Apart from any inherited factors that determine what type of skin you have, there are many internal and external factors that affect the way your skin looks and feels.
Knowing how these factors affect the skin is important if your goal is to keep your skin looking and feeling its best for as long as possible.
Poor skincare – lack of proper daily skincare, or incorrect skincare, can be a major factor affecting the skin’s condition. For example, poor hygiene can lead to damage from acne – or using the wrong products for your skin type can strip the skin and damage the protective barrier of the skin, leading to premature wrinkles and other damage.
Sun damage (Photoaging) – the main cause of premature aging of the skin is sun damage. The harmful rays break down the skin’s support structure – the all important collagen and elastin that keeps our skin tight and supple. Someone with sun damaged skin will have deeper lines and wrinkles compared to someone who does not have sun damage. The texture of the skin will be rougher, tougher, thicker and dehydrated and there may be areas of prominent blood vessels and uneven skin tone. Damage from tanning machines and sunbeds can cause the same damage and produce the same results as natural sunlight.
Environmental Exposure – exposure to extreme weather conditions (cold, heat, wind, rain and sudden changes in temperature), pollutants and poor air quality all adversely affect the skin’s quality, resulting in dryness and dehydration.
Occupation – depending on where you work, the environment at work can affect the skin – things such as hot or humid conditions, a dusty environment – even overly dry air in the workplace from air conditioning or heating, affects the skin’s condition.
Stress – when the body is subjected to regular stress and tension it can cause sensitivity and allergies in the skin as well as encourage the formation of lines around the eyes and mouth
Hormones – the natural hormonal changes in the body affect the condition of the skin. The rise of hormones in teenagers affects the sebaceous (oil) glands and causes an imbalance in the skin. Menstruation, pregnancy and menopause are all hormone-related factors affecting the skin’s look and feel.
Smoking – the effects of smoking has been linked to premature aging, lines and wrinkles. Nicotine deprives the skin’s tissue of essential oxygen, leaving the skin looking dull. Smoking destroys vitamins B and C in the body which are important for healthy skin. And finally, smoking increases the pore size on the skin and increases the formation of lines around the eyes and mouth.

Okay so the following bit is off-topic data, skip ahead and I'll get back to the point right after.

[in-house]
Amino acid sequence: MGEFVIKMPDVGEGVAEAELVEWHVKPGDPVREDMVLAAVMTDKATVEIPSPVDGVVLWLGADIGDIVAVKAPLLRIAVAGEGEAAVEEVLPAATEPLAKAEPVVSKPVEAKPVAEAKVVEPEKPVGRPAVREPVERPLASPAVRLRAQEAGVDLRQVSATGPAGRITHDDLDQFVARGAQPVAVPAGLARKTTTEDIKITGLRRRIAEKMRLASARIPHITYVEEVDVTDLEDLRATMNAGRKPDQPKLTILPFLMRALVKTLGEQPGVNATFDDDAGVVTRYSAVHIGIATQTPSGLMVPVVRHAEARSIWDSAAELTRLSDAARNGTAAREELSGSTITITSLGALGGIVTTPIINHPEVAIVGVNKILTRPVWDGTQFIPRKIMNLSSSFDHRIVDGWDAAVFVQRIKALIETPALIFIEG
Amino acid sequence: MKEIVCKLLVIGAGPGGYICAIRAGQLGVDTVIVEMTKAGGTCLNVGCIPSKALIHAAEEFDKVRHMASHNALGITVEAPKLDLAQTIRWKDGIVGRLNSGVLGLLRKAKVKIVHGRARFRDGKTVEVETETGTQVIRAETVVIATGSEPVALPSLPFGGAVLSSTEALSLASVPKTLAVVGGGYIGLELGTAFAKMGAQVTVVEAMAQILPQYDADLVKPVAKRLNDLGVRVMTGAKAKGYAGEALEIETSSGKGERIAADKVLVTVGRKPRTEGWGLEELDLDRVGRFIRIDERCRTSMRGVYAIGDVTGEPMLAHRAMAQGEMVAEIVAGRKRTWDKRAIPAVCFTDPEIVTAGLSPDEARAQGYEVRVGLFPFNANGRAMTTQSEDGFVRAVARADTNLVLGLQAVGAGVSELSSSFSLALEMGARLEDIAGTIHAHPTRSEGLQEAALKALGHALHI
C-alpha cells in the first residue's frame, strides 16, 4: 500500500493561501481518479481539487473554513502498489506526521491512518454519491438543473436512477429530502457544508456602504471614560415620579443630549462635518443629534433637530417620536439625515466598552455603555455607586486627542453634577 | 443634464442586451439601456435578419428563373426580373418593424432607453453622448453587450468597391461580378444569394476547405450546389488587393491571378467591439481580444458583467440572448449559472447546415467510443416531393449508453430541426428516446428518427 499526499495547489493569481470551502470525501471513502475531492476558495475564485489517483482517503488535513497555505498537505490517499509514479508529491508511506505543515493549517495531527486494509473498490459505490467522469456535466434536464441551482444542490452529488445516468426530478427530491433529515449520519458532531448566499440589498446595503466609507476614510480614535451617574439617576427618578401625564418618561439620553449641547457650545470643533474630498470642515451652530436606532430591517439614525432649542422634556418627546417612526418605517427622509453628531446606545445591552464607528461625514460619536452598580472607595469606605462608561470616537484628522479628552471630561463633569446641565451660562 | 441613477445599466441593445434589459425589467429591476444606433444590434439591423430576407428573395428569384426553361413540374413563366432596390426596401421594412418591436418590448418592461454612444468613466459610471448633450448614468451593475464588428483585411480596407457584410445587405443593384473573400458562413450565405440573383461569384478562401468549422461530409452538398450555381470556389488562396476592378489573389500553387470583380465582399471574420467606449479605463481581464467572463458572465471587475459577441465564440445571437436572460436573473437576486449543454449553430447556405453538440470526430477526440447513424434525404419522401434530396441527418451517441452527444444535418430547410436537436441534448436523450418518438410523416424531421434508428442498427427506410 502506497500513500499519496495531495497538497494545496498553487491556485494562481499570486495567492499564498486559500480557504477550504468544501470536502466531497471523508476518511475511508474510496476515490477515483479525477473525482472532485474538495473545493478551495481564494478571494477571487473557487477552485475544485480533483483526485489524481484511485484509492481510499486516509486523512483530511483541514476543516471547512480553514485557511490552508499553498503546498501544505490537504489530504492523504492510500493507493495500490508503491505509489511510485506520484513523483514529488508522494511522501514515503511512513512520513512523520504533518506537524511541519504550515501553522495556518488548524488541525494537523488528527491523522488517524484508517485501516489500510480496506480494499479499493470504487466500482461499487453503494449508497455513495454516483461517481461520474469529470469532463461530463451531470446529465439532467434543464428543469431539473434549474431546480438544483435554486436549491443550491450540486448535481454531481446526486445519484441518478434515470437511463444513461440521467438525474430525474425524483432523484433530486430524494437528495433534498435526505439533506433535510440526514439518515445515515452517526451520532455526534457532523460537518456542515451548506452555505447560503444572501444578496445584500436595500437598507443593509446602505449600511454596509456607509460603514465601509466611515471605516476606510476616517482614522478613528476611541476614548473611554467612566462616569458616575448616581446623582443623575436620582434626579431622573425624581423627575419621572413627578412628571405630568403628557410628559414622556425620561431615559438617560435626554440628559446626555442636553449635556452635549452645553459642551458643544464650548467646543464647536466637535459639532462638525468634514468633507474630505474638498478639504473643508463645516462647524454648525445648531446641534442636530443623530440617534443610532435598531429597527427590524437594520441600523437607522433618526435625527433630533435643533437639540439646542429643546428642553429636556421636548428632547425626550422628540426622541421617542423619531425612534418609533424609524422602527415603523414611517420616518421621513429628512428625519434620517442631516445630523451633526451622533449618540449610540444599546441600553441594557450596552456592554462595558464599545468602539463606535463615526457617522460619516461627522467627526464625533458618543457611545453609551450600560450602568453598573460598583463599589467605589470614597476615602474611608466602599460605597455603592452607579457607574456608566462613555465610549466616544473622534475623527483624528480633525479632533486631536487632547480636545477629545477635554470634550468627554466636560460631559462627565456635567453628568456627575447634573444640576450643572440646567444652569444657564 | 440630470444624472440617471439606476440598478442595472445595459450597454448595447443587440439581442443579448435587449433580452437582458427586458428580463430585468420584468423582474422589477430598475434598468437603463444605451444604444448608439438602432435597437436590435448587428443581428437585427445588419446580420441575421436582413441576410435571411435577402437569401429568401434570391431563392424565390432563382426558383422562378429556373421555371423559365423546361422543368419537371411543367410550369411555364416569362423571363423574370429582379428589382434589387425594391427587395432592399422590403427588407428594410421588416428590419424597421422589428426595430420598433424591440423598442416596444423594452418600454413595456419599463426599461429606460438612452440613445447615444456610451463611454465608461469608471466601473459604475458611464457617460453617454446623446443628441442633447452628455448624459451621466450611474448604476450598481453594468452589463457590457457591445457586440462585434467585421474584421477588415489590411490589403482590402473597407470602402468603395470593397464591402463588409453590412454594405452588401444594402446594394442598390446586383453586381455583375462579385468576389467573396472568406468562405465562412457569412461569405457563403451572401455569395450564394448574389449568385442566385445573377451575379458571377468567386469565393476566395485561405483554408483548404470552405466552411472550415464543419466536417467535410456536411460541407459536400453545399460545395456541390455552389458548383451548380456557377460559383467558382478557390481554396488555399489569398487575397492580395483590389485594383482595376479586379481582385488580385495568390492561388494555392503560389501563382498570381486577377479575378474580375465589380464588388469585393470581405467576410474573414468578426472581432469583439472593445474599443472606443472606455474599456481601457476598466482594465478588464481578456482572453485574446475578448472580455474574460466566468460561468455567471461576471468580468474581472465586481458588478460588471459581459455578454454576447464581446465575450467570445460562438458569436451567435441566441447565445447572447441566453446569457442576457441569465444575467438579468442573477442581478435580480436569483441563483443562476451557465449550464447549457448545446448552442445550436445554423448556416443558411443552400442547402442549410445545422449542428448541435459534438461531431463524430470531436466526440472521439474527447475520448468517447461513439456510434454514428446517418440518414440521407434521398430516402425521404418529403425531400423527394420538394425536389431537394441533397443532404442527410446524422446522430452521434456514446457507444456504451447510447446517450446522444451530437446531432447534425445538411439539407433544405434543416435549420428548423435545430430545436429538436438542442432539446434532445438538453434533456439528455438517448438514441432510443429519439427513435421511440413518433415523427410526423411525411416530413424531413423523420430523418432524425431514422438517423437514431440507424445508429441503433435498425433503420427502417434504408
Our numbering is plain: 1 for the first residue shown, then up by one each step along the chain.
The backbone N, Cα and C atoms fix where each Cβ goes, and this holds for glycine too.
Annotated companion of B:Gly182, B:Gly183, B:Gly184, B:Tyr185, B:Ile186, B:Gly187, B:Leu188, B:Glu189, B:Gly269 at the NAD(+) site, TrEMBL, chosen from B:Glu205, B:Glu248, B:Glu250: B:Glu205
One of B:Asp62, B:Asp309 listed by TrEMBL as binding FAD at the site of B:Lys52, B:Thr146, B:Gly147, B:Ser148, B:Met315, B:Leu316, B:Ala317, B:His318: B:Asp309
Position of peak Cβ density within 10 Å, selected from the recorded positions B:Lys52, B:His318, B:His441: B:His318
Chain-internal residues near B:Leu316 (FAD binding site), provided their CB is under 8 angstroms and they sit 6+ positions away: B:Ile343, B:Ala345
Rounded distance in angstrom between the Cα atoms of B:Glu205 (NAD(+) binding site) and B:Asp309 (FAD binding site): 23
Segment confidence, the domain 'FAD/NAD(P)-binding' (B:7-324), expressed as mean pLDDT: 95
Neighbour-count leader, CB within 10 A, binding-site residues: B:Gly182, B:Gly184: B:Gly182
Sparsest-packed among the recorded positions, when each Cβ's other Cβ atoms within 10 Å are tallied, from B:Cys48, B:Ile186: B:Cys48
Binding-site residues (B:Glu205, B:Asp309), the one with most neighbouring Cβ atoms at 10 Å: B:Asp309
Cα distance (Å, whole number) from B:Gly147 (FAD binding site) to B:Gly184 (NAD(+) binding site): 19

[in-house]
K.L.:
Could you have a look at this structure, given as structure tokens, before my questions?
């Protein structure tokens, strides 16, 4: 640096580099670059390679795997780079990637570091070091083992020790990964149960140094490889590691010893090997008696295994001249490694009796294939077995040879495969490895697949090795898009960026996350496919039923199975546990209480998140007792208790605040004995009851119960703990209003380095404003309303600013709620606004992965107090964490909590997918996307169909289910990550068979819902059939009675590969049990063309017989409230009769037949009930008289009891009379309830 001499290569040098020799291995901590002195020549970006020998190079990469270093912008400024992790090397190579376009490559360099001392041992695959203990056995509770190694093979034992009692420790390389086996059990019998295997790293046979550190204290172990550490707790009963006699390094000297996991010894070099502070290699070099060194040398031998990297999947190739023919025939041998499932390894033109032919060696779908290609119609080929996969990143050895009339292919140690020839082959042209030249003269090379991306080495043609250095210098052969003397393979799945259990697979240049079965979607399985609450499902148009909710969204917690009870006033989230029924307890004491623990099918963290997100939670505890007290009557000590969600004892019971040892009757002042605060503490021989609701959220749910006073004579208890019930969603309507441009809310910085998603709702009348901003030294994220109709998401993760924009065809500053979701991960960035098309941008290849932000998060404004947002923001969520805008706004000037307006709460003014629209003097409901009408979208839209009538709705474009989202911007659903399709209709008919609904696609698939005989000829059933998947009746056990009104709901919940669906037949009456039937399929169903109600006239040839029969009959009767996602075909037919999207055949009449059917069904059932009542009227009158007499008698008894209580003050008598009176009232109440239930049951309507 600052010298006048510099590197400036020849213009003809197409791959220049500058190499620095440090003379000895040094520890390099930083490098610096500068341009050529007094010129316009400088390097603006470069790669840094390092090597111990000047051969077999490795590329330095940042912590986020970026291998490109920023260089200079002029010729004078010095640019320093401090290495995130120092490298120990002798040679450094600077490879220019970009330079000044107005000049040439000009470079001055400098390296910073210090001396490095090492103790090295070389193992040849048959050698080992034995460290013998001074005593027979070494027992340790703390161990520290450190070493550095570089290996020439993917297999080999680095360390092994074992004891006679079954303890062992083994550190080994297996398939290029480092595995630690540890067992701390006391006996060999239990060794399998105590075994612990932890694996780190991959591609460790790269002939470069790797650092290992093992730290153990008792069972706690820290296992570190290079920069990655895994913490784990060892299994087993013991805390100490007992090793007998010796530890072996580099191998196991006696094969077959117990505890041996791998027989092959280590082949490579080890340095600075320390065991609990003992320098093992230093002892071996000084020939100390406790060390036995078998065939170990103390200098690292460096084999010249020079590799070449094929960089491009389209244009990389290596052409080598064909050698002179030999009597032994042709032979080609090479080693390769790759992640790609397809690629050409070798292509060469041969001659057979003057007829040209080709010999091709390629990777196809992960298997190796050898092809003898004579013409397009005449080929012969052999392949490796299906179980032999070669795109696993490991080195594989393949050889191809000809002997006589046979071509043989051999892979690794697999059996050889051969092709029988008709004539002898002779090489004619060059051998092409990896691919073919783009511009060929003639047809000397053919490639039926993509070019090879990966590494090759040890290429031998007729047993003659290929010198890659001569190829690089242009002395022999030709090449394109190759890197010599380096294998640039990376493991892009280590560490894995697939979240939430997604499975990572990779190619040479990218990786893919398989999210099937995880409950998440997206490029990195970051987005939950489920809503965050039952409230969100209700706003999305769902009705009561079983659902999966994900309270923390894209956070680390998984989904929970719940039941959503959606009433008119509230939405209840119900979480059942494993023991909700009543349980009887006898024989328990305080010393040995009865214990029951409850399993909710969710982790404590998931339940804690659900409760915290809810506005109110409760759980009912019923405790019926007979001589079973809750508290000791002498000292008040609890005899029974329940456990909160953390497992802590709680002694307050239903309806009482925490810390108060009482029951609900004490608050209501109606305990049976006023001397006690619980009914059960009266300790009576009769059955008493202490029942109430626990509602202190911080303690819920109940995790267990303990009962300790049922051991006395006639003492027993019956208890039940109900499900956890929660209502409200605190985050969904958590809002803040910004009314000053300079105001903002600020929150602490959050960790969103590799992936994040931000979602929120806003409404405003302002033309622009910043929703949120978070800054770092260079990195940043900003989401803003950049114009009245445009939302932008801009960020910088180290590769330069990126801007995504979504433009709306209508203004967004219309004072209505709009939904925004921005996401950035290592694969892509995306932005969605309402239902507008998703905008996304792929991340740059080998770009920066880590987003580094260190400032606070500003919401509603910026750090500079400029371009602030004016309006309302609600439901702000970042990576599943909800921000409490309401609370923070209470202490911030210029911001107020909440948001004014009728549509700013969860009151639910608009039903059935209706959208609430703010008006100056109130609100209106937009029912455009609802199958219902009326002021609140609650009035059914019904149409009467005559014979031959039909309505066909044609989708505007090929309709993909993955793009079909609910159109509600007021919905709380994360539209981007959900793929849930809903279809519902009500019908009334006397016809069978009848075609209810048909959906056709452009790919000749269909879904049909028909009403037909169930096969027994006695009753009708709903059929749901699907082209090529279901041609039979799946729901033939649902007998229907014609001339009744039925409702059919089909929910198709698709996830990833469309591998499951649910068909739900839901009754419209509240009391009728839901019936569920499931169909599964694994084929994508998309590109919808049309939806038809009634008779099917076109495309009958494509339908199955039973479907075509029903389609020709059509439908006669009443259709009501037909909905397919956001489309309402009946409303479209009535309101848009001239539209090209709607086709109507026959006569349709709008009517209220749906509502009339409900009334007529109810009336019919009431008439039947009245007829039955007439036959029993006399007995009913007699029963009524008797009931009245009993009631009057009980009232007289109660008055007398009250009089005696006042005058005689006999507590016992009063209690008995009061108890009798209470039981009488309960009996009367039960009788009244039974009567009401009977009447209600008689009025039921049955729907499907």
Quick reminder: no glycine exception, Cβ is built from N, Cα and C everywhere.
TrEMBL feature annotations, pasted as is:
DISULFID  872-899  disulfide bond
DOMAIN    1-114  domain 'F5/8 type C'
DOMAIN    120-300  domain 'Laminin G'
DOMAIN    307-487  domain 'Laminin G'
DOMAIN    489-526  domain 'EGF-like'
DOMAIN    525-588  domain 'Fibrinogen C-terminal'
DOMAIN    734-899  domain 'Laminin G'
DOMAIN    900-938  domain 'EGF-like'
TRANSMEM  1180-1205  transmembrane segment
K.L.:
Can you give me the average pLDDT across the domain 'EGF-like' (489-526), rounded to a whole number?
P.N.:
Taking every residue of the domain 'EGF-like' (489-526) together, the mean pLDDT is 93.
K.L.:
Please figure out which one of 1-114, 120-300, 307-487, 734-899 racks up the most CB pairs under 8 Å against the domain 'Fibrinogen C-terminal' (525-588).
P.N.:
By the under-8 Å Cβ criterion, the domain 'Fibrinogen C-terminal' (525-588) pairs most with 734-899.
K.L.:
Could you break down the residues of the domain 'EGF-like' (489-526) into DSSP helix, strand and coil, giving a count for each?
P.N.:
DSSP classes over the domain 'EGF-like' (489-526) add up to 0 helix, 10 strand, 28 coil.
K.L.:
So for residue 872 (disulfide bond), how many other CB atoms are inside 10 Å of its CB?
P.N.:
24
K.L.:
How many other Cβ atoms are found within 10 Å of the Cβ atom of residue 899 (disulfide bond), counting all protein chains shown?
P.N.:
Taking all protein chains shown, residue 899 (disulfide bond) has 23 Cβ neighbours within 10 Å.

Water consumption – the skin is made up of about 70% water. When we deprive our bodies of enough water, toxicities build up in the skin and it become dehydrated.
Alcohol – alcohol has a dehydrating affect on the skin – it draws essential water from the tissue. Excessive drinking causes blood vessels in the skin to dilate, resulting in a flushed appearance.
Exercise – we all know that regular exercise is good for us – so it’s no surprise that it’s good for your skin too. Regular exercise promotes good circulation and increased oxygen to the skin.
Sleep – getting enough sleep is one of the most effective regenerators for the skin.
Diet – healthy skin is not only a sign of good skincare, it’s a sign that you have healthy eating habits too. Poor nutrition, foods high in fats, sugar, or those with additives and made with refined products, not only adversely affect the internal organs, they affect our major organ – the skin.
Free Radicals – these are parts of oxygen molecules that are found in the body. As a result of the external factors outlined above – smoking, pollution, sunlight etc., – free radicals attack the skin at the cellular level causing the quality of newly formed skin cells to deteriorate. After age 20, our natural defense mechanisms decline and the skin can no longer effectively defend itself from free radicals. Supplementing antioxidant deficiencies (enzymes that fight free radicals) with hormone and vitamin based products is the basic premise behind many new anti-aging therapies and treatments.
Vitamins – along with a healthy diet and lifestyle, taking certain vitamin supplements is an easy way to help keep the skin healthy. Here are four basic vitamins that help the skin:
- Vitamin A – helps repair body tissues, prevents dryness and aging
- Vitamin B – improves circulation and skin color and is essential to cellular oxidation
- Vitamin C – essential for healing, maintains levels of collagen
- Vitamin D – heals damaged tissues and structural damage to the skin
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